The Egerton House Hotel London
Intimate refinement and luxury
Article added on January 20, 2011
The lavish Egerton House Hotel is situated in a
Victorian luxury townhouse built in Knightsbridge in 1843, just a short walk
from Harrods, Sloane Street with Harvey Nichols and Jo Malone to one side
and the Victoria & Albert Museum to the other.
Big flat-screen TVs in the
bedrooms and small ones in the bathrooms, tea and coffee making facilities,
IPods, writing utensils in the desk drawer, Penhaligon's amenities
in the bathroom and, as at the bigger sister hotel, The Milestone, excellent
staff, make The Egerton House Hotel one of the best places to stay in
Art is present all around the hotel and greets guests already
at the hotel entrance with, for instance, a series of original lithographs by
Henri de Toulouse-Lautrec. The drawing room is adorned by the oil painting
The Parrots by Kim Brooks as well as by many caricatures, which can
also be found in the bar just behind the drawing room. One of the highlights
there is an original Snoopy print by the late cartoonist Charles M. Schulz, one of the others
being barman Antonio Pizzuto himself, a master of the martini. He joined The Egerton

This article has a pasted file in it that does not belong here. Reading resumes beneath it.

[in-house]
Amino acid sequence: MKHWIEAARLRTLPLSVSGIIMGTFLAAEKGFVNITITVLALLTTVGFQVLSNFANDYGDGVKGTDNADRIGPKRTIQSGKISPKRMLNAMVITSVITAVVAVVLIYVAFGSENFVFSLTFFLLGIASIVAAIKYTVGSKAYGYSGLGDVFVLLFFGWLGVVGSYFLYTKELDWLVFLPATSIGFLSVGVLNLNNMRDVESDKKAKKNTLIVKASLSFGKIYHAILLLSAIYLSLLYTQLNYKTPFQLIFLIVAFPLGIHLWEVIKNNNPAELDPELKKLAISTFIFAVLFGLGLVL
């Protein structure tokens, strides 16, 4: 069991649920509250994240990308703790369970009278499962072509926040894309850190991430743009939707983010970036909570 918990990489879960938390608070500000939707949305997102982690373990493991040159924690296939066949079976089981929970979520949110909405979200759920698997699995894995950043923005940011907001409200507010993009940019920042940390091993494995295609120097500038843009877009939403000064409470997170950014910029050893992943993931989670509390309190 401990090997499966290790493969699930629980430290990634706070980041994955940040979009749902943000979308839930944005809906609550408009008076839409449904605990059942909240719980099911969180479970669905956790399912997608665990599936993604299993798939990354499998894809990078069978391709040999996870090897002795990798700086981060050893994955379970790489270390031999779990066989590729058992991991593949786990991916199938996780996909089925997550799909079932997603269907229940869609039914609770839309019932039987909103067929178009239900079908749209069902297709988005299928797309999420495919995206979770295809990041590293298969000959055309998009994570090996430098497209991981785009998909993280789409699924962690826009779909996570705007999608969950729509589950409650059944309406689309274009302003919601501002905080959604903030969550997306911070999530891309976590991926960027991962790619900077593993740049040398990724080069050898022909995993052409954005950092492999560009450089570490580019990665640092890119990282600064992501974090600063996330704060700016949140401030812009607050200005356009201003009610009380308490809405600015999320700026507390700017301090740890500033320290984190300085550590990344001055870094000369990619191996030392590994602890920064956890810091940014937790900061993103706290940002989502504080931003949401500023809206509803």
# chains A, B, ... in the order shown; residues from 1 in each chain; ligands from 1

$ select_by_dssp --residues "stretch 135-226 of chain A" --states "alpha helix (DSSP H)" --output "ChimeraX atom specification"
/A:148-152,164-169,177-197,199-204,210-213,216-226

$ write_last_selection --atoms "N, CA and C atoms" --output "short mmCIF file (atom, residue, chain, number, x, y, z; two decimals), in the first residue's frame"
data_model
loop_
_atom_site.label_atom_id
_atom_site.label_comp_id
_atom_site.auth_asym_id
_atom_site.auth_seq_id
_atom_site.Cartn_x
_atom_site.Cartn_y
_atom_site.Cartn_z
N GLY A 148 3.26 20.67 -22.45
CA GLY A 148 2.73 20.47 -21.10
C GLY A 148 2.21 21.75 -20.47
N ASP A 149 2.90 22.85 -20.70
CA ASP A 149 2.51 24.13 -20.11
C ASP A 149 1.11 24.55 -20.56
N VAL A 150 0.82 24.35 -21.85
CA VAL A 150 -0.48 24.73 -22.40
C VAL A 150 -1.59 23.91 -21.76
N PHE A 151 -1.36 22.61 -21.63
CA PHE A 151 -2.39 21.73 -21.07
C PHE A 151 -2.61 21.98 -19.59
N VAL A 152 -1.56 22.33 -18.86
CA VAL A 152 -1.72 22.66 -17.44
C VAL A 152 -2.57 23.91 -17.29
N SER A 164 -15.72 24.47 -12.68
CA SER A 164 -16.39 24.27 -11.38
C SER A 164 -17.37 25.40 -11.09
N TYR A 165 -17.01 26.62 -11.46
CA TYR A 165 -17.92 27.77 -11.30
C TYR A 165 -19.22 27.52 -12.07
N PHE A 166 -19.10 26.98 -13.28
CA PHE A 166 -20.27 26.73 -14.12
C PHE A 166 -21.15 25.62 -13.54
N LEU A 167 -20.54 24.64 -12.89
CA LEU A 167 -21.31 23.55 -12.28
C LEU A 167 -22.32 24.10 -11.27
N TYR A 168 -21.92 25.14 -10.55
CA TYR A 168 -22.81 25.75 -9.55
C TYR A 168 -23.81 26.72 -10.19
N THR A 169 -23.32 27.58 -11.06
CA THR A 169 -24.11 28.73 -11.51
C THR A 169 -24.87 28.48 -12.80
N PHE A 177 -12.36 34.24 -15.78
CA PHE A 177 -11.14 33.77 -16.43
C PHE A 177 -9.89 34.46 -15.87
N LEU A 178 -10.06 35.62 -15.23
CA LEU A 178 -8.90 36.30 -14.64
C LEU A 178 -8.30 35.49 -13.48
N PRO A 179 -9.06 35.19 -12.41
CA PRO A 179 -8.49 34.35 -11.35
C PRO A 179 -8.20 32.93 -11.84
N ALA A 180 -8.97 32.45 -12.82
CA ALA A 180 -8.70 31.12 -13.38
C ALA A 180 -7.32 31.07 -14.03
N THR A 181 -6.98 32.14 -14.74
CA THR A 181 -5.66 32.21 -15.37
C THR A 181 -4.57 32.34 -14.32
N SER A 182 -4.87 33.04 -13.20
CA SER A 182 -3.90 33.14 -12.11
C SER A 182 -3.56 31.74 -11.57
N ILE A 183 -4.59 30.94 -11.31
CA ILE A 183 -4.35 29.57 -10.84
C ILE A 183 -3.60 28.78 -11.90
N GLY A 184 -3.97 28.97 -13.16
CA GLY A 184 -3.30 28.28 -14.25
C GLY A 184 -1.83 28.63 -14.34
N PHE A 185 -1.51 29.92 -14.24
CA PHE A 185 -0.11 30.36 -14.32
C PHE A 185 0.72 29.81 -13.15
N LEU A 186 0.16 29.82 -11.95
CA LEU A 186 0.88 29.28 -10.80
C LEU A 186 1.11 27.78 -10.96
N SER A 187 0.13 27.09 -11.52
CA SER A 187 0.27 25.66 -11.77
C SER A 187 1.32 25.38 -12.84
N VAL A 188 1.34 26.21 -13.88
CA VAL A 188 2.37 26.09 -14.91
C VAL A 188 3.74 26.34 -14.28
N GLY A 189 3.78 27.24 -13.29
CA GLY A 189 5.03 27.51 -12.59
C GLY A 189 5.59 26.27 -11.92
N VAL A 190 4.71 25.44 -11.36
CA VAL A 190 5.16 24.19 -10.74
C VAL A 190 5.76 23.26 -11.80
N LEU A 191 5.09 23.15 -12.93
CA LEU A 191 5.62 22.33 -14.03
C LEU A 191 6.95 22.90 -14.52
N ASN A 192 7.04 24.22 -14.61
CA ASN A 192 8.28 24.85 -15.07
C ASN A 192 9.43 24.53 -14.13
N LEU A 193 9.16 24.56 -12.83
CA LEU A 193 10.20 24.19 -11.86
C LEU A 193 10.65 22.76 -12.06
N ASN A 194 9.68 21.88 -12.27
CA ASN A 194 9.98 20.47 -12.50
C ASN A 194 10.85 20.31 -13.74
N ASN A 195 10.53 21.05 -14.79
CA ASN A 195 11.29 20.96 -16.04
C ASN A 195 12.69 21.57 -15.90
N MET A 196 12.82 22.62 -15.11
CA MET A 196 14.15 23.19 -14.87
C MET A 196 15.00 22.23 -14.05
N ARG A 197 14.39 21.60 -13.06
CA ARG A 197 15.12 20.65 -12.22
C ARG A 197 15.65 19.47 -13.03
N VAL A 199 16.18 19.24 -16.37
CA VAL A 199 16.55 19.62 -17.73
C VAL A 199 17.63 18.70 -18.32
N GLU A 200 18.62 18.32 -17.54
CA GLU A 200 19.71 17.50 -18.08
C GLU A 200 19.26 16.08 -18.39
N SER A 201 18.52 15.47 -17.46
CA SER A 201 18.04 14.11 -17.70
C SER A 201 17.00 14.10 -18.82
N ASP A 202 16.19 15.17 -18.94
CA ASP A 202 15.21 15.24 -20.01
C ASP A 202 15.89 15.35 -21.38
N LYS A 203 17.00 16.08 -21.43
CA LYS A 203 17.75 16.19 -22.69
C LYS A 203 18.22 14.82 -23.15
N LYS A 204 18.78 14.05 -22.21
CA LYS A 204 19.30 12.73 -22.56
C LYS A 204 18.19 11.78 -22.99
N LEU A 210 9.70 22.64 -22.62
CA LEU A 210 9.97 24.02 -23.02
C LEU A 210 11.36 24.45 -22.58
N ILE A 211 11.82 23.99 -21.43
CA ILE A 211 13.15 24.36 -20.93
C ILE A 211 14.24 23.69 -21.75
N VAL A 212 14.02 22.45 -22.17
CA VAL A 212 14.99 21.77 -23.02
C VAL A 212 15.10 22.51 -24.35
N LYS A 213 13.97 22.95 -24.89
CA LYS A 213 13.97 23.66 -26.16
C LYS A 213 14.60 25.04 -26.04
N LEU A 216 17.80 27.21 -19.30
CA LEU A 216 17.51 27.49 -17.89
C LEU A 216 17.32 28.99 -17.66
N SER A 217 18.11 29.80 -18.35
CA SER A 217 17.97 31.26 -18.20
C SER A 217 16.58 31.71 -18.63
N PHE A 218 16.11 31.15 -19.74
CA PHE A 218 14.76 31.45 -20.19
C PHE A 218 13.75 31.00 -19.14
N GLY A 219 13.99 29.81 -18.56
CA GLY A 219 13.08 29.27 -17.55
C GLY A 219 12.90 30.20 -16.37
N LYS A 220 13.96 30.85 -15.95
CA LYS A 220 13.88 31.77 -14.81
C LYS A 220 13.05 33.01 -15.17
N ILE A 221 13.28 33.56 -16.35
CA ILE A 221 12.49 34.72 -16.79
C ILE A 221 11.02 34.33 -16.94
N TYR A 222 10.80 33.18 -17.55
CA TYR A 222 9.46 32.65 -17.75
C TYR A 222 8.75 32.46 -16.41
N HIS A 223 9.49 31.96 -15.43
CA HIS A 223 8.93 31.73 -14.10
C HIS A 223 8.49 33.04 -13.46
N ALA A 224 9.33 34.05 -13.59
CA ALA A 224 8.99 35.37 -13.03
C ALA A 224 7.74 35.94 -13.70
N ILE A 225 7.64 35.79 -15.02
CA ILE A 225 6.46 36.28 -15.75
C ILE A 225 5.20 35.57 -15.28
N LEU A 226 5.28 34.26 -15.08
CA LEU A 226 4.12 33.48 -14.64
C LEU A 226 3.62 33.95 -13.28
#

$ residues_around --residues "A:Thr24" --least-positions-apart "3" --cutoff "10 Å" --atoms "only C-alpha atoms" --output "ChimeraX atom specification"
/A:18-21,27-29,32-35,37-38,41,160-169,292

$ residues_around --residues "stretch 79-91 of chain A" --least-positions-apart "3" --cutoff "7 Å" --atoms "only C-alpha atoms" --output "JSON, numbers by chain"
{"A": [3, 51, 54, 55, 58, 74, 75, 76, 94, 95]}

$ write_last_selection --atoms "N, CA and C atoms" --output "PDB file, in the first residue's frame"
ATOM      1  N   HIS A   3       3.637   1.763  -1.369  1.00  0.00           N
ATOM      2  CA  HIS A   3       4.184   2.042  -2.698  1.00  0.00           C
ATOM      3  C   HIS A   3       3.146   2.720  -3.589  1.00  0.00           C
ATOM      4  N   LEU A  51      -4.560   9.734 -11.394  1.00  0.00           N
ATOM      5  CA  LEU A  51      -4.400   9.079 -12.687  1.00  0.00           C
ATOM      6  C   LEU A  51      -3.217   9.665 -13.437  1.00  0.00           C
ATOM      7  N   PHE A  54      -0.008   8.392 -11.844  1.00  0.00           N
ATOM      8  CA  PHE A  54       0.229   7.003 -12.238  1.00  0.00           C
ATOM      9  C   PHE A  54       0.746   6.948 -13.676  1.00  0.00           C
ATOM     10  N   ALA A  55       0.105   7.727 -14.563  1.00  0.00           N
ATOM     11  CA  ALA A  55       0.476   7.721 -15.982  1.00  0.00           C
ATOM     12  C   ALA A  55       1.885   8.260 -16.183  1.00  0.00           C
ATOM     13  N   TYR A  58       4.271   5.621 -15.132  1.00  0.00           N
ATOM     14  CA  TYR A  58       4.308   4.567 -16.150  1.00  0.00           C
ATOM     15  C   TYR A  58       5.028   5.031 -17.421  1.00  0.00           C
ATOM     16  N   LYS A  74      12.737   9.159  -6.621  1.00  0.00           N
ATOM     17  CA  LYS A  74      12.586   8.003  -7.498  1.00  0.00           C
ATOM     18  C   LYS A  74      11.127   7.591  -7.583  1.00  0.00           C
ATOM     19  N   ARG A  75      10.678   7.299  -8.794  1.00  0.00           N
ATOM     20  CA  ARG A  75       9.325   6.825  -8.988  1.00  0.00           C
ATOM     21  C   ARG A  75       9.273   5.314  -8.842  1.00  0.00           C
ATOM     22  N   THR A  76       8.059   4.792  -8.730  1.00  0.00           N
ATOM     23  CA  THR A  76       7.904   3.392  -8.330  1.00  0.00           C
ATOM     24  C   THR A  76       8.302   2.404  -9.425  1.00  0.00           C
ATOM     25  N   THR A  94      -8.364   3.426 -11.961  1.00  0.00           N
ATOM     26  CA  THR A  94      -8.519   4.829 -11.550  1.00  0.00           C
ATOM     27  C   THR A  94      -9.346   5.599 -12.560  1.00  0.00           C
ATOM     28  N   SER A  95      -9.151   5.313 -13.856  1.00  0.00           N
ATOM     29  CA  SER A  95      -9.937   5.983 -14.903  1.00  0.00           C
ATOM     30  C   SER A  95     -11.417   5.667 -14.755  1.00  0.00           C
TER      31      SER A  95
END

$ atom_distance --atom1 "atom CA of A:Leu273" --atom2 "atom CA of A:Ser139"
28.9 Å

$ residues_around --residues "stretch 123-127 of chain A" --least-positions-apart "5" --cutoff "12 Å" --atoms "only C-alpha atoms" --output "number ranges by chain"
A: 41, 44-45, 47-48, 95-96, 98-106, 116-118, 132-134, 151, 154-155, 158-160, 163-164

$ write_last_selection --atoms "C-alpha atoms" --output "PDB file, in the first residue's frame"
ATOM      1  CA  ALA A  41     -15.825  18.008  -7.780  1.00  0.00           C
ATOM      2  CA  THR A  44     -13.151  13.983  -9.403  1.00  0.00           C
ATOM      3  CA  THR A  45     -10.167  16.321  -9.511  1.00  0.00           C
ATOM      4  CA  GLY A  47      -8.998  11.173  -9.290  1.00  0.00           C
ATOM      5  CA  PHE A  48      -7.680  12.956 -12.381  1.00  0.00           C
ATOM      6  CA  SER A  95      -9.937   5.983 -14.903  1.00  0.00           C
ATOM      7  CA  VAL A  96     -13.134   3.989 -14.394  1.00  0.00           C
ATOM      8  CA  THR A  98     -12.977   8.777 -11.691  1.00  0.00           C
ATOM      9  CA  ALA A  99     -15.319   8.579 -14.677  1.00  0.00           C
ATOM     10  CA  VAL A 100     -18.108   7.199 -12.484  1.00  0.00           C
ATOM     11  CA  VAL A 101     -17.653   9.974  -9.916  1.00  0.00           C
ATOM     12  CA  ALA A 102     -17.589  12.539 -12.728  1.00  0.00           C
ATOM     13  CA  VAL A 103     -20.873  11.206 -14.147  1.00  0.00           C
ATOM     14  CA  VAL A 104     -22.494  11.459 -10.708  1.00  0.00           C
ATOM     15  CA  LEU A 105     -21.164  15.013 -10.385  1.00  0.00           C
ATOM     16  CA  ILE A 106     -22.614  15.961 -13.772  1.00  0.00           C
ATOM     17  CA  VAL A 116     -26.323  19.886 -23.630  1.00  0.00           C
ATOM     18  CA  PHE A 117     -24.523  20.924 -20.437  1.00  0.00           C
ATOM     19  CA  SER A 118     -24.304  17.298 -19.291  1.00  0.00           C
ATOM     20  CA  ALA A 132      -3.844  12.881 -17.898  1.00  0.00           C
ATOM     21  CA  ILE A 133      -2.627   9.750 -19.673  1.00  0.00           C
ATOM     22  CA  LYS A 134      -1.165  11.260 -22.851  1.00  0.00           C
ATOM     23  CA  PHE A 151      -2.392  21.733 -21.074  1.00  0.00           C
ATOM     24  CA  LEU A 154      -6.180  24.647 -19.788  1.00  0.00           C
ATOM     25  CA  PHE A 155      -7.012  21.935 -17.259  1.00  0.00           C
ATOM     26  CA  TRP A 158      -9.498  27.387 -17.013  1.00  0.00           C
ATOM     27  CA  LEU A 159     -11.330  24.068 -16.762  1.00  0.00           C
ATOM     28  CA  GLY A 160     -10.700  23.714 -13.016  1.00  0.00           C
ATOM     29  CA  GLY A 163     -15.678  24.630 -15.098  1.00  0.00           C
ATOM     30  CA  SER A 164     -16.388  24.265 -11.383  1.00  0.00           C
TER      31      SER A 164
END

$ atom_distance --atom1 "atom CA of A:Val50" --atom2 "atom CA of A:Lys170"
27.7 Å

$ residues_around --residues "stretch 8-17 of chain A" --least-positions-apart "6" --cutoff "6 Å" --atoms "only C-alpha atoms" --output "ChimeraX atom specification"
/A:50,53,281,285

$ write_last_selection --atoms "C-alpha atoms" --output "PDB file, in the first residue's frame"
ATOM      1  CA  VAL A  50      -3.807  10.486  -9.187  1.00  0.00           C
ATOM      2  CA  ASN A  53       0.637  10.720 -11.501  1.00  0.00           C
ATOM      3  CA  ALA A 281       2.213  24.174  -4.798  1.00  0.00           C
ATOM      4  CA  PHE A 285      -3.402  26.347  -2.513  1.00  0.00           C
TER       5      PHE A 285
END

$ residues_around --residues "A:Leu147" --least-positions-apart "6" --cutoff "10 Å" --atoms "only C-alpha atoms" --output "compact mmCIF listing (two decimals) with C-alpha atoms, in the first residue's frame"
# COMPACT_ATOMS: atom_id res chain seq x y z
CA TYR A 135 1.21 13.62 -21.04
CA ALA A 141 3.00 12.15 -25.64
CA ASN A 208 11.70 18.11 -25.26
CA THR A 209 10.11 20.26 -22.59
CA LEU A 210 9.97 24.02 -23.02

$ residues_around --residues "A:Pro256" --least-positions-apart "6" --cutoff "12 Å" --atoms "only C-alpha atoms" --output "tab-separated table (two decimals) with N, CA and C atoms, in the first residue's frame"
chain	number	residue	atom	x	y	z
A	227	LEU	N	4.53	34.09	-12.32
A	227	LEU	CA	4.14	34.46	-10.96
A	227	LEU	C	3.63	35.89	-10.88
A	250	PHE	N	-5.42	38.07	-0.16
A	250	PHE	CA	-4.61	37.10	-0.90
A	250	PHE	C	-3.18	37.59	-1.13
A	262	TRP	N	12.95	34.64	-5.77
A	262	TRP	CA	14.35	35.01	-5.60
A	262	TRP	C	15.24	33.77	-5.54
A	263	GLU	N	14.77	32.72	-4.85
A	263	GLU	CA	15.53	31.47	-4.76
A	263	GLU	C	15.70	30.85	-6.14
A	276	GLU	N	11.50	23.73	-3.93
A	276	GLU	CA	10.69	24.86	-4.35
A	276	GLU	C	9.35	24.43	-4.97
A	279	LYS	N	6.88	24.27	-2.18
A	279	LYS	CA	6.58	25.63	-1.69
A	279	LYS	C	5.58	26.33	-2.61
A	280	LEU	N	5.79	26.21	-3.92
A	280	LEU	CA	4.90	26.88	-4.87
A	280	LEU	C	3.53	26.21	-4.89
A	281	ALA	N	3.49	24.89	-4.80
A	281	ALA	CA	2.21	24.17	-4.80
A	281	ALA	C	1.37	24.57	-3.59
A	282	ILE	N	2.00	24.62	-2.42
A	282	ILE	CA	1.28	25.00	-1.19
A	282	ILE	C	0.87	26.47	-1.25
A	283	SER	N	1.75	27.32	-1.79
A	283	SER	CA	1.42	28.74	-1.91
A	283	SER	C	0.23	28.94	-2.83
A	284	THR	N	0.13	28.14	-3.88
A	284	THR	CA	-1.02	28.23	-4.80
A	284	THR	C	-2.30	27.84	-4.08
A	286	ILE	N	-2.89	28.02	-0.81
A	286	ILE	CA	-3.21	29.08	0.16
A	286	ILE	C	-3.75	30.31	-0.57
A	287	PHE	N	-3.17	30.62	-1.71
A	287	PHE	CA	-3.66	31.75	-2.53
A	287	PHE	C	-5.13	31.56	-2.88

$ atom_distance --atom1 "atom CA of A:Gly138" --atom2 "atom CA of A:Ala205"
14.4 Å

Dukes Hotel, where Ian Fleming got
the inspiration for the classic James Bond line regarding his martinis:
“shaken, not stirred.”
Many of the other cartoons on display in the
bar and in the drawing room, are by “JAK”
(Raymond Jackson, mainly working for the London Evening Standard from
1952 onwards until his death in 1997) and “SEM”
(Georges Goursat, a French cartoonist who lived from 1863 to 1934).
The gorgeous Victoria & Albert Suite on the ground floor features a small,
stylish terrace garden, where you can enjoy your breakfast and afternoon tea
My Deluxe King Room no. 10 on the first floor was adorned with an original,
large scale affiche-estampe from 1891 advertising a Parisian
bookshop. It was made by the French painter and lithographer of humble
origins and with a limited education, Jules Chéret, who is considered the
father of the modern poster art. In his period, he was also called the
“father of women's liberation.” The women he depicted were neither
prostitutes nor puritans, but ordinary women. He helped create a more open
atmosphere for women in Paris. Jules Chéret had created the poster mentioned
above for a department store called The Beautiful Gardener. For some unknown
reason, it was rejected. The bookshop owner and pioneering print and poster
dealer Edmont Sagot snapped it up because he saw it as a marvelous
supplement for his poster catalogue that was about to be published. The
affiche-estampe of “Librairie Ed. Sagot” is considered one of Jules
Chéret's poster masterpieces. I enjoyed watching it from my bed.
The Egerton House Hotel does not have a gym. However, guests enjoy a
complimentary membership at a health club just five minutes away. I jogged
over there to try it out. It's spacious and offers all you need. A small
hotel with just 28 rooms could not offer such a service anyway. The hotels
arrangement with that club helps you stay fit whilst staying at The Egerton.
The Egerton House
Hotel was built in 1843, but only finished in the 1880s because the original